Although layout boats aren't exactly suited for hauling huge quantities of decoys, Johnny LaFleur said he's usually got room for at least a dozen or two within each boat.

And that's more than enough for the small waters he often frequents, especially during the September teal season.

"When targeting the early blue-wings, I'll usually just take along about a dozen teal decoys and two to four hen mallard or wood duck decoys," LaFleur said. "Usually the teal get put in a loose group off to one side with the big-duck decoys to the other side, leaving a landing zone right in front of me."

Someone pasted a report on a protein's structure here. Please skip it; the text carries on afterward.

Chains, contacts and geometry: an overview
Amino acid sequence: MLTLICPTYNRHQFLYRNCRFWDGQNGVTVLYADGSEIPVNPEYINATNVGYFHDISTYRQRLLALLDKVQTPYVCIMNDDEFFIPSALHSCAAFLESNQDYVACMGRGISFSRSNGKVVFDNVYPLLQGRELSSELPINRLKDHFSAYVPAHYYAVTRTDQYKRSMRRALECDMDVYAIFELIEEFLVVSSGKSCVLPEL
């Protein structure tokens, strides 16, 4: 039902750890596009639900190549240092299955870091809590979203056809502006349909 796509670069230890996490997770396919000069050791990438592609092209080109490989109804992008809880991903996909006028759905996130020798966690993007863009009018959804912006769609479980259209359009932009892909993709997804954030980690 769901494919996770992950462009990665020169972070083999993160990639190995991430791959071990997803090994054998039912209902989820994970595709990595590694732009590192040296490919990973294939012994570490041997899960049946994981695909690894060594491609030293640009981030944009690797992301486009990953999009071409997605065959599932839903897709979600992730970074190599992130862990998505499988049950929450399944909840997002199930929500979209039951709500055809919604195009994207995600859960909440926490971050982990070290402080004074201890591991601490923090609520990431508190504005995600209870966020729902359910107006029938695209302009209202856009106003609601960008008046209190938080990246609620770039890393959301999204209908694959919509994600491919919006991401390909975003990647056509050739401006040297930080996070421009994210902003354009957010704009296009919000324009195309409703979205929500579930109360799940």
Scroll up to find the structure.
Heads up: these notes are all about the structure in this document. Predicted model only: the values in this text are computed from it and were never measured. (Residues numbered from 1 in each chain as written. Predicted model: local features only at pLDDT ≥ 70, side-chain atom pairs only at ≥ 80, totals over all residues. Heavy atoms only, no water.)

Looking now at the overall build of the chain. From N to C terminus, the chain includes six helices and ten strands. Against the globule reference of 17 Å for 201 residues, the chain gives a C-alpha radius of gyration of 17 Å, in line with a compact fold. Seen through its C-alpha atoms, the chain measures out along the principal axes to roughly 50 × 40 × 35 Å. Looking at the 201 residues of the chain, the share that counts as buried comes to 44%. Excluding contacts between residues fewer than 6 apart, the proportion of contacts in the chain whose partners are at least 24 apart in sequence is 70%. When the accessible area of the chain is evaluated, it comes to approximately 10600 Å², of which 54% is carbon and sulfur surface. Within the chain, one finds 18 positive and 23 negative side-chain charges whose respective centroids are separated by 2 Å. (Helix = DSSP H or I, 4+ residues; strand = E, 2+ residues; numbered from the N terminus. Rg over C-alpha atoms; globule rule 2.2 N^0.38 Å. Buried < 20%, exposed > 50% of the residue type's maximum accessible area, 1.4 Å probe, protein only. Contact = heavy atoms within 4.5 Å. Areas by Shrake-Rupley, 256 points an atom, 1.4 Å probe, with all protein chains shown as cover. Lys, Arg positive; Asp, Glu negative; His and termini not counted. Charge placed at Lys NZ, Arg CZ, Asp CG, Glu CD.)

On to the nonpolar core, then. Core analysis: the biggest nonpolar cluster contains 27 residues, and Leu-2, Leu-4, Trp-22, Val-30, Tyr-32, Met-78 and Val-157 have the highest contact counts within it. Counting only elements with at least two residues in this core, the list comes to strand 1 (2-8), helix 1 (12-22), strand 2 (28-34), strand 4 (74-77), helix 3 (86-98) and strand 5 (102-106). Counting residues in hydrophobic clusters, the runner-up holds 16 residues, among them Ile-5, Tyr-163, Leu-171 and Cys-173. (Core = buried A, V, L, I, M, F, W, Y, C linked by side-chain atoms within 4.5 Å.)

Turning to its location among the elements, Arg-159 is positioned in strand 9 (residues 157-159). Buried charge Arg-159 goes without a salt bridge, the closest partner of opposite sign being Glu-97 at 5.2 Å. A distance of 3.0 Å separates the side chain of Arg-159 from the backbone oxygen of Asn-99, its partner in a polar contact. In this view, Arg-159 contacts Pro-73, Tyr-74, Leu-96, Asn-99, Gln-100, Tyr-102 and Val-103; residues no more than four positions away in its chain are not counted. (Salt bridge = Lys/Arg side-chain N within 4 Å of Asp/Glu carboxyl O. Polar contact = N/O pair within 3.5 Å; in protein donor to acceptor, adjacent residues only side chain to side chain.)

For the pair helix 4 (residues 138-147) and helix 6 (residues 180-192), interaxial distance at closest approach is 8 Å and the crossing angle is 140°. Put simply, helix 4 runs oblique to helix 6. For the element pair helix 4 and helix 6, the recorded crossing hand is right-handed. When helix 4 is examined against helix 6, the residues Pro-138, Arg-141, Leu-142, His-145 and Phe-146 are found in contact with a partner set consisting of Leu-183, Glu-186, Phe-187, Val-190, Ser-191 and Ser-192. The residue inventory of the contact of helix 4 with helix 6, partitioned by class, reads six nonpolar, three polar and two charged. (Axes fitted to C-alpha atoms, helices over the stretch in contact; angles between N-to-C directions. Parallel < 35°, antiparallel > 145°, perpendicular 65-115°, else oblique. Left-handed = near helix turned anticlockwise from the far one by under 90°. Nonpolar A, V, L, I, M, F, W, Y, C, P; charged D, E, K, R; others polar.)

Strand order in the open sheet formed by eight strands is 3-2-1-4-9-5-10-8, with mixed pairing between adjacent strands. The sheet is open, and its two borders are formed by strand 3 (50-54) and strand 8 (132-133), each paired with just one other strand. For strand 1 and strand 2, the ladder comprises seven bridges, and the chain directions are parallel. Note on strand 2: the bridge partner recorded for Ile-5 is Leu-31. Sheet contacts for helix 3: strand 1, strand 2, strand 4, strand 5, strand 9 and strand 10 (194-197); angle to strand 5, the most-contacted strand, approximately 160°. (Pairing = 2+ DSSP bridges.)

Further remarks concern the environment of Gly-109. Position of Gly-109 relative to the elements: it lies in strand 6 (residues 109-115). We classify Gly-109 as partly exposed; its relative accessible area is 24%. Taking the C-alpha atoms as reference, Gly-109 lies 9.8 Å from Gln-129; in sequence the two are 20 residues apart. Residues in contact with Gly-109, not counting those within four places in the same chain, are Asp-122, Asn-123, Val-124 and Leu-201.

Pointing out that attempting to shoot behind the boat can be a tough, if not dangerous, effort, LaFleur focuses on getting the birds as close to his front as possible.

This often means playing the wind and decoy placement carefully to make sure you get those feet-down shots.

"I find that by putting my spinning-wing decoy — usually a Mojo teal — in with my teal decoys, the birds key in on that from a long way out and will often land right with it, making for easy shooting," LaFleur said.